I occasionally discuss the topics on this blog among my friends. Most of the time, out in meatspace, people aren’t too keen to dive into discussions of racism and social inequality (which I can understand, because most of the time we just want to have fun). One such conversation occurred between a friend and former roommate on the topic of affirmative action. She and I agreed on the value of affirmative action, but struggled to reconcile its utility with the fact that it is, at its core, a policy that discriminates based on race. The full case for and against affirmative action is too long to spell out here, but the gist of my take on it is more or less encapsulated by this comic:
That being said, if we grant that affirmative action-style programs work to reduce inequalities between majority groups and minority groups (in this particular case we are talking about race, but the principle can be extended elsewhere), and we extend the ‘preferential’ hiring practices indefinitely over time, we theoretically reach a point where affirmative action becomes discrimination against majority-group members.* One we reach that point, my friend argued, that should be the point at which we should abolish affirmative action legislation, so that everyone gets a fair shot, and race does not enter into the picture at all.
Leaving aside the major caveat in that argument aside for a moment, she makes a good point. How do we know when we’ve “fixed” racism? At what point can we stop obsessing over it? The black civil rights movement reached its most dramatic peak in the 1960s with the signing of the Civil Rights Act. I am sure there are some people who point to that historic piece of legislation as the day when the United States ‘fixed’ racism. Others from my generation like to point to the inauguration of Barack Obama as the day when the United States demonstrated, once and for all, that race was not a barrier to success. Obviously I disagree with both of these statements.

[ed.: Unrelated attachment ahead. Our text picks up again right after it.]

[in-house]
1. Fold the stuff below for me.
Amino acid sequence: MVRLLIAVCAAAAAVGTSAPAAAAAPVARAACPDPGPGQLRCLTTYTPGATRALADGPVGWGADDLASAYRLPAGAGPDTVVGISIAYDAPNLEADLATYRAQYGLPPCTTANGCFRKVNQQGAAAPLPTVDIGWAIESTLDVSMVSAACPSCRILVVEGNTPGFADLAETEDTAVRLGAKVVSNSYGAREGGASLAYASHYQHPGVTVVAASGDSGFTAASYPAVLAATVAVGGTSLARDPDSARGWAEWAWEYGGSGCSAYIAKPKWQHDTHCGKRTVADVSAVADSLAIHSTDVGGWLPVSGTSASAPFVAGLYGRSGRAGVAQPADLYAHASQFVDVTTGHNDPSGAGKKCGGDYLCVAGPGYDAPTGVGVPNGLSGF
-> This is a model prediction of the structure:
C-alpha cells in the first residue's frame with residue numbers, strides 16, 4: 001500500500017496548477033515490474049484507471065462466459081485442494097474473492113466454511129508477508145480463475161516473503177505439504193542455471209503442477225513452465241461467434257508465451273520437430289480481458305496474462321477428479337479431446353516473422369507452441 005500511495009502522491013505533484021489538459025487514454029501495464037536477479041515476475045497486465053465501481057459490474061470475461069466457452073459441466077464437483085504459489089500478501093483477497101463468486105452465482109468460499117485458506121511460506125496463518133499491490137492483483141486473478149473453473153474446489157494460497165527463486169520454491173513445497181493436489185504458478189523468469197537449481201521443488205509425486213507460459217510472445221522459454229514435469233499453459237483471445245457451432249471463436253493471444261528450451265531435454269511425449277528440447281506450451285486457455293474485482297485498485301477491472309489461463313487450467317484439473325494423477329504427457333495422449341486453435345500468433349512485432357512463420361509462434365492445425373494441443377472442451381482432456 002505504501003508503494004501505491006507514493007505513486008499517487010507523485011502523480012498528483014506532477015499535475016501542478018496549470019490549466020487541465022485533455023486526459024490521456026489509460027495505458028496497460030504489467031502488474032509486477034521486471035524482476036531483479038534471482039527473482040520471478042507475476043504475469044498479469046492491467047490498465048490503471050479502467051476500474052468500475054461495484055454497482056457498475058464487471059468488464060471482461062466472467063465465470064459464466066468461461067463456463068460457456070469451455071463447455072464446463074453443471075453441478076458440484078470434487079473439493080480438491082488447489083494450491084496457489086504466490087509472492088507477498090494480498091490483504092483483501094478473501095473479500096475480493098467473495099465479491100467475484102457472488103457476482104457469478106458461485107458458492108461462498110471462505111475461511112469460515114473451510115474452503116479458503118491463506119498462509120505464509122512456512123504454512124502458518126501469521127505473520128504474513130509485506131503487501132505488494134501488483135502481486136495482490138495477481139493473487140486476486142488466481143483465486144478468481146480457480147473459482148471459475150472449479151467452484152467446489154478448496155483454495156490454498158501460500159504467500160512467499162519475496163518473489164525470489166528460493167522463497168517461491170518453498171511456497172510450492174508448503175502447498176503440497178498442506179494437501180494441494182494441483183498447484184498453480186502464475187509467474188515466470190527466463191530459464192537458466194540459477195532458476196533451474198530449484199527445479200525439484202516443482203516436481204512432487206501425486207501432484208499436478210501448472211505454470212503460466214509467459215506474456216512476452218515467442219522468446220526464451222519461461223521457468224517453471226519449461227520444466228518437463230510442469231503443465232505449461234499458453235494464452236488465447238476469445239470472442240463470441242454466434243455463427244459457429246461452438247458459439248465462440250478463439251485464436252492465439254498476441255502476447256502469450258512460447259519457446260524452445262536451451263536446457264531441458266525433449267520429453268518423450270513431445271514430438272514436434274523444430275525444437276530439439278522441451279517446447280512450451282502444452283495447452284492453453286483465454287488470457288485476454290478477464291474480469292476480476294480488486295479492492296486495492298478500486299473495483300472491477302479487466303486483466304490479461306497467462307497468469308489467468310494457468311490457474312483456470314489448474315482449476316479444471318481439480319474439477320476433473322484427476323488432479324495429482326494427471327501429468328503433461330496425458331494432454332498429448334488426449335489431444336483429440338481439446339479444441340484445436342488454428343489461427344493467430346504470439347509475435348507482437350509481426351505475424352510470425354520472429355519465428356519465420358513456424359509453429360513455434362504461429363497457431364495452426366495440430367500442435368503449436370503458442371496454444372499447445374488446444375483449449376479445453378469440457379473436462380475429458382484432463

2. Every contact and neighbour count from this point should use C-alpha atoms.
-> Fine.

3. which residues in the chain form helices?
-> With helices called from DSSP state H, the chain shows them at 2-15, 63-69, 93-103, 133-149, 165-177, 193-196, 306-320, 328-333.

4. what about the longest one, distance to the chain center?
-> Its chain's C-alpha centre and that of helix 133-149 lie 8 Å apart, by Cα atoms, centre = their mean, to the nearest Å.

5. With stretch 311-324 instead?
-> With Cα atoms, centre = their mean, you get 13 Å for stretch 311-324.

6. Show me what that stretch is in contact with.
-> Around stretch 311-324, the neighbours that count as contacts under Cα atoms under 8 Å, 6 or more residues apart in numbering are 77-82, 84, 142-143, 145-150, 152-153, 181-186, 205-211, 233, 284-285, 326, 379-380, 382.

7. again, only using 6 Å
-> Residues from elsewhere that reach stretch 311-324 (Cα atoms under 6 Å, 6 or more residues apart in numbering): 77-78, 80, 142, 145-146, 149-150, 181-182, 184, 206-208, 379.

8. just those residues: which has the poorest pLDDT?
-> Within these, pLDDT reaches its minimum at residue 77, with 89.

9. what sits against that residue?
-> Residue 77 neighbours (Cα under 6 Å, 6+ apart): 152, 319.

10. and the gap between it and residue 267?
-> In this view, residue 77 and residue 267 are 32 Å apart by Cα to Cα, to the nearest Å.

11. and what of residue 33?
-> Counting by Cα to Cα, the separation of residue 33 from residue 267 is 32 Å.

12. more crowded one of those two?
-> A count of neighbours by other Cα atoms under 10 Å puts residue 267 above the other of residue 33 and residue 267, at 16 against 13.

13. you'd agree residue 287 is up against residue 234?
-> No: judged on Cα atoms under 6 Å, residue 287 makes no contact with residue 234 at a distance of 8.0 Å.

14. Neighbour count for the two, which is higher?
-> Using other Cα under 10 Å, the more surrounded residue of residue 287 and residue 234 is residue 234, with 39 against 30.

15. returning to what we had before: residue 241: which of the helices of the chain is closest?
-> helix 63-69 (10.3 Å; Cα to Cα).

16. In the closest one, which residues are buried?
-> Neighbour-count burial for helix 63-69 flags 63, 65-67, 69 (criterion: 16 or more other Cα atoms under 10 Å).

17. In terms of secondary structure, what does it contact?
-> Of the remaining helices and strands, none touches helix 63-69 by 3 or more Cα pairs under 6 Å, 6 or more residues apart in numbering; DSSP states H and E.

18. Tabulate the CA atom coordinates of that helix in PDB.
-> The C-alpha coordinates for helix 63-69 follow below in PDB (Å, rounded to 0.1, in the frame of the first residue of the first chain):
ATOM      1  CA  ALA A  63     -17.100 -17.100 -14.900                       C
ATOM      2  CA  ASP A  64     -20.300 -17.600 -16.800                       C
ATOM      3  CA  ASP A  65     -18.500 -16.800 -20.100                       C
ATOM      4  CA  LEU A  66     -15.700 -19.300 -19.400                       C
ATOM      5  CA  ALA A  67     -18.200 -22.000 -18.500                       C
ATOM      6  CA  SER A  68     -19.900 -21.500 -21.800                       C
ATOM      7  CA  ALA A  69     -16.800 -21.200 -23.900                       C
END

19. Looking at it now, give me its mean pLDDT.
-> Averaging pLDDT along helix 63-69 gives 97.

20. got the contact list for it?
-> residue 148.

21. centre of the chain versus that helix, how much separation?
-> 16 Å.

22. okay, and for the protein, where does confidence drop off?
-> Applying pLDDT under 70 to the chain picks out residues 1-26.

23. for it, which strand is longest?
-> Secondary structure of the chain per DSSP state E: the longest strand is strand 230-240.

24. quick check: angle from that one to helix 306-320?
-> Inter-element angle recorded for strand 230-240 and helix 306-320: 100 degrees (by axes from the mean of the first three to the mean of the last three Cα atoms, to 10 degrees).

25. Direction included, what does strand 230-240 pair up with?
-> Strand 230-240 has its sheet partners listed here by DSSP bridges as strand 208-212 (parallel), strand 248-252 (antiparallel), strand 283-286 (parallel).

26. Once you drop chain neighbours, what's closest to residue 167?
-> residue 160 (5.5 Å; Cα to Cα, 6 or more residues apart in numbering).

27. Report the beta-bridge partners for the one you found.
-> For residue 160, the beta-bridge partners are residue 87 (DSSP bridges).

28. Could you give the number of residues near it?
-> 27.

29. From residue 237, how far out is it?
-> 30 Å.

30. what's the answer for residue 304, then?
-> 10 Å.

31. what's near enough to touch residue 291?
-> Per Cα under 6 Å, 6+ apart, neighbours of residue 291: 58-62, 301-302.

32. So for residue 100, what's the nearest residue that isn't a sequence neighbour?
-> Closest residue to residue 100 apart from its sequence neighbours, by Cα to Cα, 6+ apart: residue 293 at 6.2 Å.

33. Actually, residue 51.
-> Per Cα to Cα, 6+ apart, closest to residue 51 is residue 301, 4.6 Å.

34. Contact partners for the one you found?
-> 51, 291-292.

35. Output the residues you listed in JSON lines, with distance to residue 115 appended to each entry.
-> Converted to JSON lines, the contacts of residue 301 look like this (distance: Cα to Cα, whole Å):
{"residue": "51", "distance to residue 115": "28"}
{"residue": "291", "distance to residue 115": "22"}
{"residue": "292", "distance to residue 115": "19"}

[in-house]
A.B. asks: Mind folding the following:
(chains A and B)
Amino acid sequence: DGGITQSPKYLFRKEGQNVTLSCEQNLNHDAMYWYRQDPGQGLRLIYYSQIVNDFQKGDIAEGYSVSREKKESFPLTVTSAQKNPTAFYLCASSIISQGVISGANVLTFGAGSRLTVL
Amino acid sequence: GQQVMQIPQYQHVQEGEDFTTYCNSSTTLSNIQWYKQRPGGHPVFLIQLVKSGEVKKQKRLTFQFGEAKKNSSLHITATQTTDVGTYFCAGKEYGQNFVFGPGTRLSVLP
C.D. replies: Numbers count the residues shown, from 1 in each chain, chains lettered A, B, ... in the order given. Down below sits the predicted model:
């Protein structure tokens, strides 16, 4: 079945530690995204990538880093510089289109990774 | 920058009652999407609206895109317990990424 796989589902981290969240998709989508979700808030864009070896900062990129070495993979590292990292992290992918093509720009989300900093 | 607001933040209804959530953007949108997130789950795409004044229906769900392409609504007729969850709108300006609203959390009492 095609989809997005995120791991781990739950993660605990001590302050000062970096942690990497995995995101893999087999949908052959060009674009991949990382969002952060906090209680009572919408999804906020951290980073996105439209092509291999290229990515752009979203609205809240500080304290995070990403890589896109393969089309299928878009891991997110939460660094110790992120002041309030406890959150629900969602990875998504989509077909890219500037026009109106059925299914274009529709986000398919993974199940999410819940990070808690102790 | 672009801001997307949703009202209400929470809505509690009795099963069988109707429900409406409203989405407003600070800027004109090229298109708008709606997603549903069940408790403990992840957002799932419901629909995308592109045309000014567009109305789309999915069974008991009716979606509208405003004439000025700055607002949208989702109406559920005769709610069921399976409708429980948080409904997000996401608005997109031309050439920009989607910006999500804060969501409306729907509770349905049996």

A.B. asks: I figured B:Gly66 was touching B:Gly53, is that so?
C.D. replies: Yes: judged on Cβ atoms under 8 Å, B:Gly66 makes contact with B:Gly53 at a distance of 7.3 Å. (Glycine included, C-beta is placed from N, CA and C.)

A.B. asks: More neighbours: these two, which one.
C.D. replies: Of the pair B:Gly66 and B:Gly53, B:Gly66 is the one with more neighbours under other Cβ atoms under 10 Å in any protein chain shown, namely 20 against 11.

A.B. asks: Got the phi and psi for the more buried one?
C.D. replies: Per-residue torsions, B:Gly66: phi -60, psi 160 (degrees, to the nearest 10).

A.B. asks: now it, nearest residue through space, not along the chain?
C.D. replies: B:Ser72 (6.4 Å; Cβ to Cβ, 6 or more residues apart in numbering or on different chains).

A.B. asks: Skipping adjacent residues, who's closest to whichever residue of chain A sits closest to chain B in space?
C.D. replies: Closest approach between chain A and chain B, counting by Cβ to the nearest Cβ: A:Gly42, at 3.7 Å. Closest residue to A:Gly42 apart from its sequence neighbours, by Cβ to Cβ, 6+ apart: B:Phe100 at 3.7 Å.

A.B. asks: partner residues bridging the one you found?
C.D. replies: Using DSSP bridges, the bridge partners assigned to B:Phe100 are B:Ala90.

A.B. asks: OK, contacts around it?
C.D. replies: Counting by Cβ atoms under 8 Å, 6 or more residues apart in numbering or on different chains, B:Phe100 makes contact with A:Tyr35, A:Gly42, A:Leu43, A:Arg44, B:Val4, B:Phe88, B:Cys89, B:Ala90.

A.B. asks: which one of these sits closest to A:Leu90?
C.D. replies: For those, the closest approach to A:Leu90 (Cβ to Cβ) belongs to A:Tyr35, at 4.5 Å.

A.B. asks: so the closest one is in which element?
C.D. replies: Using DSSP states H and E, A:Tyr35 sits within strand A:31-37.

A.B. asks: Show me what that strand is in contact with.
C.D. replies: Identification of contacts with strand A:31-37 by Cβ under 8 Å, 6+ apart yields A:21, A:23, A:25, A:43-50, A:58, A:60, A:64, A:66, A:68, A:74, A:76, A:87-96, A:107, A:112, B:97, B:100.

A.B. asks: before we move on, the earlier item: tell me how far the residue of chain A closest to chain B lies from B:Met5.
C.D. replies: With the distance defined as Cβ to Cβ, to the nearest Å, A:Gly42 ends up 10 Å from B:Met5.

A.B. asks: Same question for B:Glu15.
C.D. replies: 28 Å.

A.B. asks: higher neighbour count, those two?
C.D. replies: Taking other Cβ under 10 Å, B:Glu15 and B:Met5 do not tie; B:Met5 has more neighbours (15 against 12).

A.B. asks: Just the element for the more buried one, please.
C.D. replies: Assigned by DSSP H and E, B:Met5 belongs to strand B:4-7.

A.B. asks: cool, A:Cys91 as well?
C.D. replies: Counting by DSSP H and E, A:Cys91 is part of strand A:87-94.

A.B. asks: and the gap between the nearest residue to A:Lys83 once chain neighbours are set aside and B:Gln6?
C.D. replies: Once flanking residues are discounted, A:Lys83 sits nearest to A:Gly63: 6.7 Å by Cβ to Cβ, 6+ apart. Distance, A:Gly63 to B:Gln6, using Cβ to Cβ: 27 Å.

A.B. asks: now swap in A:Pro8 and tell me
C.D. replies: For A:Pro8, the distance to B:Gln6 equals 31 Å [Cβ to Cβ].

I am not losing too much sleep over where “the line” is, because I am quite certain we are nowhere near it:
Immigration has changed the face of Canadian cities, but the complexion of their city council chambers remains much the same. Visible minorities, too scarce at all levels of government, are vastly underrepresented in municipal politics. “We think of local governments as the most grassroots and closest to the people,” said Myer Siemiatycki, a Ryerson University professor who looks at the discouraging numbers in a new report, to be released Tuesday, for DiverseCity: the Greater Toronto Leadership Project. Yet “they are by far the worst in terms of having diverse identities elected.”
The municipal numbers are particularly troubling for the Toronto region, the country’s biggest magnet for immigrants. As Prof. Siemiatycki puts it, the city “aspires to be a global leader in diversity, inclusion, integration and equity.” Yet he finds that GTA municipal voters would have to elect six times as many visible-minority councillors for their numbers to match their share of the population. He also finds that four groups in the GTA have no elected members of their community at any level of government: Filipinos, non-white Latin Americans, Arabs and Southeast Asians – shocking when you consider that the Filipinos alone number 174,000.